Home Agribusiness Looming El Niño highlights need for additional support to irrigation
Looming El Niño highlights need for additional support to irrigation
By Patricia B. Mirasol, Reporter
AGRICULTURE officials said the expected El Niño will require the government to step in with more support for irrigation.
The Department of Agriculture’s (DA) Field Programs Operational Planning Division cited in a March 16 statement “an increased likelihood” of a transition to El Niño in the July-September period.
El Niño is a climate pattern caused by the unusual warming of surface waters in the eastern tropical Pacific Ocean. The resulting dry spell occurs at irregular intervals every two to seven years.
Preparing for El Niño requires a long-term approach, according to Elias Jose M. Inciong, president of the United Broiler Raisers Association, which consists of small- and medium-scale poultry producers.
“You can’t solve it when it’s already there,” he said via Viber. The government has to provide funding for wells, especially for farmers that rely on river water, he added.
“Kasi kung ang river ay tuyo na or mababa na ang tubig (If the river has gone dry), you cannot pump water from it,” he said.
Elpidio B. Flores, a farmer from Mangatarem, Pangasinan, said that while the government funds irrigation, not everyone is given support.
“Nagbibigay sila sa ibang bayan. Dito sa amin wala e (They give irrigation support to some towns, but not to ours),” he said by phone.
“Malayo sa ilog lugar namin (Our town is far from the river),” he said.
“Sa 100 na nagsasaka dito, 40 lang ang nagtatanim (For every hundred farmers in our area, only 40 plant in the dry season),” Mr. Flores added. “’Yung 60 naghihintay ng tag-ulan (The other 60 wait for the rainy season).”
Roy S. Kempis, a retired Pampanga State Agricultural University professor, said the situation calls for a robust law on water rights.
“The DA and NIA (National Irrigation Administration) should consider it,” he said.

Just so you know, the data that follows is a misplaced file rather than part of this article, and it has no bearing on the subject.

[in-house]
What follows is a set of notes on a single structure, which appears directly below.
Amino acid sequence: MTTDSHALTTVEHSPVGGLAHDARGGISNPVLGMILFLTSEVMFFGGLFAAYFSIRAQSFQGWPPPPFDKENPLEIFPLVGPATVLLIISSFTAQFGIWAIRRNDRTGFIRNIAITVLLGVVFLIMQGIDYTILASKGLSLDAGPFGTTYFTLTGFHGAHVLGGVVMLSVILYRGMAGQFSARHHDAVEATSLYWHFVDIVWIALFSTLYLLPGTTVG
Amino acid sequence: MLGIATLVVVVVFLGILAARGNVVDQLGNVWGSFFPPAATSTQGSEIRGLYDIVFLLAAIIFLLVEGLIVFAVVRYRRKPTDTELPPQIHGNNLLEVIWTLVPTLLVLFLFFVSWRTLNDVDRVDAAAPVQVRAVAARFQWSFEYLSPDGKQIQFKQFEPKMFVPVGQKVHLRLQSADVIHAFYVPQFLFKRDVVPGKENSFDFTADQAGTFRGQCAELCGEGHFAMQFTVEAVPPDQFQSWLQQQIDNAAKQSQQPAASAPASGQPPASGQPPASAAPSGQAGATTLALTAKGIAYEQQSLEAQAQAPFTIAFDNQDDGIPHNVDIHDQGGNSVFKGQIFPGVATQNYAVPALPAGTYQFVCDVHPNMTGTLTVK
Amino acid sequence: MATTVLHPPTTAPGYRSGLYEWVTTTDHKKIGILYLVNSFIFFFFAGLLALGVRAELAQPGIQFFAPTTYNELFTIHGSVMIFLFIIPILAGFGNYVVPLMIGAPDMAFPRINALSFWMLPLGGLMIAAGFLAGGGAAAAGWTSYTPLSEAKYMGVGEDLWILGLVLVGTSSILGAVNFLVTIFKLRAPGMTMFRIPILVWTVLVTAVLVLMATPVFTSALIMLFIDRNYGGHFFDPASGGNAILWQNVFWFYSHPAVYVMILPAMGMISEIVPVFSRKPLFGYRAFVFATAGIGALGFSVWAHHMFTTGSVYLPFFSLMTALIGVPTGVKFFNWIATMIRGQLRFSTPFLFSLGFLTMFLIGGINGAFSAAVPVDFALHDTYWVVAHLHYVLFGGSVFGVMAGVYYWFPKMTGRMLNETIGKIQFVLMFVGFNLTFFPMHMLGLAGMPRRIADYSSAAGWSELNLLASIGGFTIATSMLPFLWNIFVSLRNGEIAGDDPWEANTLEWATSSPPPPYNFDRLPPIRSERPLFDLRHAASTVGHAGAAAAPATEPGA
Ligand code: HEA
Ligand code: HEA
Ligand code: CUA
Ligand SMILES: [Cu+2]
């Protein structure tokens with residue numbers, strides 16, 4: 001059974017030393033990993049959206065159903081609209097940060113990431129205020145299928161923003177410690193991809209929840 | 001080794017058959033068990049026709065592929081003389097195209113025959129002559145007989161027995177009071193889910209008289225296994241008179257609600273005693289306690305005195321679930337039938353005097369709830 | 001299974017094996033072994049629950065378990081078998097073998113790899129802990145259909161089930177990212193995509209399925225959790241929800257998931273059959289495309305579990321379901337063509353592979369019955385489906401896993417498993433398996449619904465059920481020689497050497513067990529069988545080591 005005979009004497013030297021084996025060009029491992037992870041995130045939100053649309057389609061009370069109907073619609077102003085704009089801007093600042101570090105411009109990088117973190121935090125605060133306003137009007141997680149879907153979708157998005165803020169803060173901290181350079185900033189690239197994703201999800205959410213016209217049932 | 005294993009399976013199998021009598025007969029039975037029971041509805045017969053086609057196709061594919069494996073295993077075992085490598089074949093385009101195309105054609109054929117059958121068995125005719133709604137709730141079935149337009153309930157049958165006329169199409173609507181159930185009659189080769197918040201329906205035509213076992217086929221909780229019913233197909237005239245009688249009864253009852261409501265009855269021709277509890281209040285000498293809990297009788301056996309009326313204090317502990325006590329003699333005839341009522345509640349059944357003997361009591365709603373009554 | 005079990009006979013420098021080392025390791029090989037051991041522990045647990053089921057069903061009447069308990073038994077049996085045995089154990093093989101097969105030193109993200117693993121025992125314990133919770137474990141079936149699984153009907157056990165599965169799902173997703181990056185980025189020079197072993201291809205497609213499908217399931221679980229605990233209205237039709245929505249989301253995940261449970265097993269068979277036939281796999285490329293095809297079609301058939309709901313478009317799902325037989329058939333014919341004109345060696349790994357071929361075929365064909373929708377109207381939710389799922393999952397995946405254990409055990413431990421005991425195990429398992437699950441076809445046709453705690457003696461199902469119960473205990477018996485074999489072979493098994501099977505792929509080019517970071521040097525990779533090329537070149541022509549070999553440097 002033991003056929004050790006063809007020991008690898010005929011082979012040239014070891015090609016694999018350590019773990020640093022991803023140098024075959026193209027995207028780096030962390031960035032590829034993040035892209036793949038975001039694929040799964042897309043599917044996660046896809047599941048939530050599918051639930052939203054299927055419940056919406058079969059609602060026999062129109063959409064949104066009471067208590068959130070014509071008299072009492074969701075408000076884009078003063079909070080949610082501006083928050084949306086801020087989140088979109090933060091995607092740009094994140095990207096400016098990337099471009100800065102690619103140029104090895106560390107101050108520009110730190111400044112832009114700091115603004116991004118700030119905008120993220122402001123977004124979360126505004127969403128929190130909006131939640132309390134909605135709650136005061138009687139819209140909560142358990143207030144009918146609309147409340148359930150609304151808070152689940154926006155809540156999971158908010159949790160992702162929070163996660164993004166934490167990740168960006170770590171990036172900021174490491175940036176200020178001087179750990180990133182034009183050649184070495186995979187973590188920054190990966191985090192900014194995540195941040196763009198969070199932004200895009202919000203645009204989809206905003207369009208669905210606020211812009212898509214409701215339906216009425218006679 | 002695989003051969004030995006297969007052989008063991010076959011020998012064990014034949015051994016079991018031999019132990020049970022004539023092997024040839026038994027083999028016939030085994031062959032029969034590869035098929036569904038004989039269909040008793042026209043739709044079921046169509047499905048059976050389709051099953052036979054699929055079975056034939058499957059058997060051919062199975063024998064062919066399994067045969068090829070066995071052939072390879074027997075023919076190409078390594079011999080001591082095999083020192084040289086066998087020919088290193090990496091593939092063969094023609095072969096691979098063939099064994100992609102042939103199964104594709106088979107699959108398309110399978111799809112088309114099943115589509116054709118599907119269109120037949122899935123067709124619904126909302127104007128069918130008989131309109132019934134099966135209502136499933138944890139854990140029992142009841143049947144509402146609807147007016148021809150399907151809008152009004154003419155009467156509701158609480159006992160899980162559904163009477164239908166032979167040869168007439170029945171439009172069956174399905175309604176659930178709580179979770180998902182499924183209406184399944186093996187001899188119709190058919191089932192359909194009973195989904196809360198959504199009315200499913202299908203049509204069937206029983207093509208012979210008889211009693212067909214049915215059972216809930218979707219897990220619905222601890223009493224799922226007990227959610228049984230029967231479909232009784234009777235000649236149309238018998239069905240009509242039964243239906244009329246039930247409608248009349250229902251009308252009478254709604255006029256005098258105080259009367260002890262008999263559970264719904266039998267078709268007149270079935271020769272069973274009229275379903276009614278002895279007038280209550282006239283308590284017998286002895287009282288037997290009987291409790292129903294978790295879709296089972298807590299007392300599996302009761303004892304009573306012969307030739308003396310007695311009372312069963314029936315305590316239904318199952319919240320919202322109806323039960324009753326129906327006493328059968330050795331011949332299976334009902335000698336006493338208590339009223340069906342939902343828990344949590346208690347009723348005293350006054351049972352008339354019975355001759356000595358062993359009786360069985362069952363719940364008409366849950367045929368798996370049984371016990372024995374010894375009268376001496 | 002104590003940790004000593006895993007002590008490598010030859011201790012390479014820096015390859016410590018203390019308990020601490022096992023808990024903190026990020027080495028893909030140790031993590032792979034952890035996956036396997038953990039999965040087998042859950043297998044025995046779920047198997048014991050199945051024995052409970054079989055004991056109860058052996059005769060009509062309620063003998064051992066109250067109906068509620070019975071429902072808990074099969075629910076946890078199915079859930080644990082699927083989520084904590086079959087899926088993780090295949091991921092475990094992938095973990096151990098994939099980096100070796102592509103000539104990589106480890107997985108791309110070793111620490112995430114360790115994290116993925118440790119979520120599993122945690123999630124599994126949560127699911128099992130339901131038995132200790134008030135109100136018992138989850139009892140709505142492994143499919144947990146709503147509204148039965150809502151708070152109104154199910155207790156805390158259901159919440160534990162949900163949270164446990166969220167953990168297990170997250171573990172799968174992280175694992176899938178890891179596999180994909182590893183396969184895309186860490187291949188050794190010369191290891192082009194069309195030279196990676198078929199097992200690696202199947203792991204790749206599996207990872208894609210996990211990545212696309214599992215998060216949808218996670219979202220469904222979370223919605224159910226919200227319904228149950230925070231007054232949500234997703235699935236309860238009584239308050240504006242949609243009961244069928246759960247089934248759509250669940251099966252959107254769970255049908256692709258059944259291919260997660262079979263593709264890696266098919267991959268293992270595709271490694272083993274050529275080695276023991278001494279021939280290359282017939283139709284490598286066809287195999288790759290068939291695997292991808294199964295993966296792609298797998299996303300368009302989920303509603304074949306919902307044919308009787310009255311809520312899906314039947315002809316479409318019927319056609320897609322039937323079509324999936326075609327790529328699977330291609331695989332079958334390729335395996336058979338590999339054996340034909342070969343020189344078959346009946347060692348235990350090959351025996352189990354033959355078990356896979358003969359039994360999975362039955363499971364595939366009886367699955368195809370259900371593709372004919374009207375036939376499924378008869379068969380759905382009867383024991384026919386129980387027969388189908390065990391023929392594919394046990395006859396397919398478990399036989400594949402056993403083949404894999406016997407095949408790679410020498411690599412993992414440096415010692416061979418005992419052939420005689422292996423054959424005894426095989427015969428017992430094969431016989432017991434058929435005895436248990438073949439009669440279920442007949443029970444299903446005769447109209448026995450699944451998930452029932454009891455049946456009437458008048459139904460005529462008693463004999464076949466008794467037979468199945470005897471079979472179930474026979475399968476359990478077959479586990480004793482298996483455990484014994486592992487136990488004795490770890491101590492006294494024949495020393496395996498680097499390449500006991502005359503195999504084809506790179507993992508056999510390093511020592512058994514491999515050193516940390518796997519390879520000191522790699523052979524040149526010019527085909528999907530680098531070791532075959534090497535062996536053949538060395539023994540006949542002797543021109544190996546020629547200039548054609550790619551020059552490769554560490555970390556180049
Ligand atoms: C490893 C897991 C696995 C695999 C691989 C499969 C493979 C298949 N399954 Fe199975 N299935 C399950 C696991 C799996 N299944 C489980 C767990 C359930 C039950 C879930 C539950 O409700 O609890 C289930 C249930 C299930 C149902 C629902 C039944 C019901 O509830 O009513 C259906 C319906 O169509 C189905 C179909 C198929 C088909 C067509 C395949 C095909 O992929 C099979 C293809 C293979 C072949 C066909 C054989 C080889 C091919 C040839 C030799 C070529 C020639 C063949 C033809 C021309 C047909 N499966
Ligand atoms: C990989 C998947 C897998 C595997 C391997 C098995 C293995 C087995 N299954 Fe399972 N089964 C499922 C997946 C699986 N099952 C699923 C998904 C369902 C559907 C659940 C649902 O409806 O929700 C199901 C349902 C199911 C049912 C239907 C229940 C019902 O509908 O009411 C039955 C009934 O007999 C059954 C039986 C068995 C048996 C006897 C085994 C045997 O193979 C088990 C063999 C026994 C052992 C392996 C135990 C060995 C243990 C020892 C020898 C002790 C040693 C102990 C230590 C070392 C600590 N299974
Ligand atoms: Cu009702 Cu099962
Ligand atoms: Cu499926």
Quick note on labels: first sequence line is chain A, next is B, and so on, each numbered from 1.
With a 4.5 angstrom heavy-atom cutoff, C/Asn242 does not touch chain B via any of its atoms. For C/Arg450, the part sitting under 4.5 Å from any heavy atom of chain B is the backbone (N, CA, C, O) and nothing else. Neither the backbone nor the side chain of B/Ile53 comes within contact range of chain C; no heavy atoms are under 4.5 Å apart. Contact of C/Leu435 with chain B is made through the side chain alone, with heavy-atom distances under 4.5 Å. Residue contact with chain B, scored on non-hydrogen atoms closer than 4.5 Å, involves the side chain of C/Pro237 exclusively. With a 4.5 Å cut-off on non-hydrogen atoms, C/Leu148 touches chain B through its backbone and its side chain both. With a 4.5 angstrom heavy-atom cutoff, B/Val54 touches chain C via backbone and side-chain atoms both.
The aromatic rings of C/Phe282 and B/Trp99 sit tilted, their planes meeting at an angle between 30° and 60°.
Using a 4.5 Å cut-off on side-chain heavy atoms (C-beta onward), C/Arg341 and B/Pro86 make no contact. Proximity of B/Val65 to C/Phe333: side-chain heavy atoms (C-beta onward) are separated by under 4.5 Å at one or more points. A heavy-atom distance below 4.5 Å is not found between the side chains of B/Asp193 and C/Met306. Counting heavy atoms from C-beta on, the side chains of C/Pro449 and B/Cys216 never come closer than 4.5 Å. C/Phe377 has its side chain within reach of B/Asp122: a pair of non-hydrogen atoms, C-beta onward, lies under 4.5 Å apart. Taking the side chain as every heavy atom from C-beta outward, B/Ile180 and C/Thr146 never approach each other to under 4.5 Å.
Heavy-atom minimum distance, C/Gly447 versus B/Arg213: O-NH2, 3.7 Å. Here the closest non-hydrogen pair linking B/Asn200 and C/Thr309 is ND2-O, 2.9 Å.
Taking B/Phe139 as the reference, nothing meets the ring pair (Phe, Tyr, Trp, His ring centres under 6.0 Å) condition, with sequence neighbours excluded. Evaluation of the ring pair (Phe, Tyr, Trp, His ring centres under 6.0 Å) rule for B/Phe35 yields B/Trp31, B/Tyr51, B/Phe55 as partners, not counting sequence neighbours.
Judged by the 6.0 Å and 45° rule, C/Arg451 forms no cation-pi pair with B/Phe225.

Such a law should serve to grant equal access to water for “farms and farmers far from the source of irrigation water, channeled from dams,” he said via Viber.
He said such laws and regulations should have teeth to deter those who would divert irrigation water away from rightful users.
Both Mr. Kempis and Mr. Inciong called for more water infrastructure.
“(These) dam and canal distributions will be for potable and irrigation water consistent with environmental concerns and the greater good (and) not just (to satisfy) a few noisy and belligerent activists or advocates,” Mr. Kempis said.
He added that the construction of these new water sources should be pursued rationally with “national and international funding.”
Mr. Inciong called for urban residents to harvest rainwater and use the stored water for non-drinking requirements like washing cars. This relieves the pressure to supply dam water to urban centers.
“What’s been happening in the past several years is that farmers give way to urban populations,” he told BusinessWorld. “Hindi na lang sila magtatanim (They choose not to plant).”
More water is needed for urban centers, so dams like Magat and Angat can be utilized for irrigation, he added.
In the poultry industry, Mr. Inciong said, one of the ways farmers prepare for El Niño is to tap deep wells, which he called the first redundancy.
“If your generator sets are down, you rely on that,” he added. “Water storage should be good for one to two days, so in case of repairs, you should be okay.”
Mr. Flores, the Pangasinan farmer, said he hopes for government assistance in the form of fuel subsidies.
“Wala kaming gaanong kakayahan bumili ng krudo para sa makina… Madaliang lunas ang krudo. (We don’t have the means to buy diesel fuel for our machines. Diesel is the immediate solution),” he said.
Fuel subsidies, he told BusinessWorld, should be in place to help farmers in time for the expected rains in May.
In March 2022, the DA rolled out a P500-million fuel discount program for farmers and fisherfolk.
Mr. Flores hopes to wean himself from reliance on diesel-fueled equipment by having access to solar pumps.
“Kailangan ng solar pumps. Kung may financing sana ng gobyerno sa solar, kahit hulug-hulugan namin (We need solar pumps. If the government had a financing program, we’d be willing to pay by installment),” Mr. Flores added.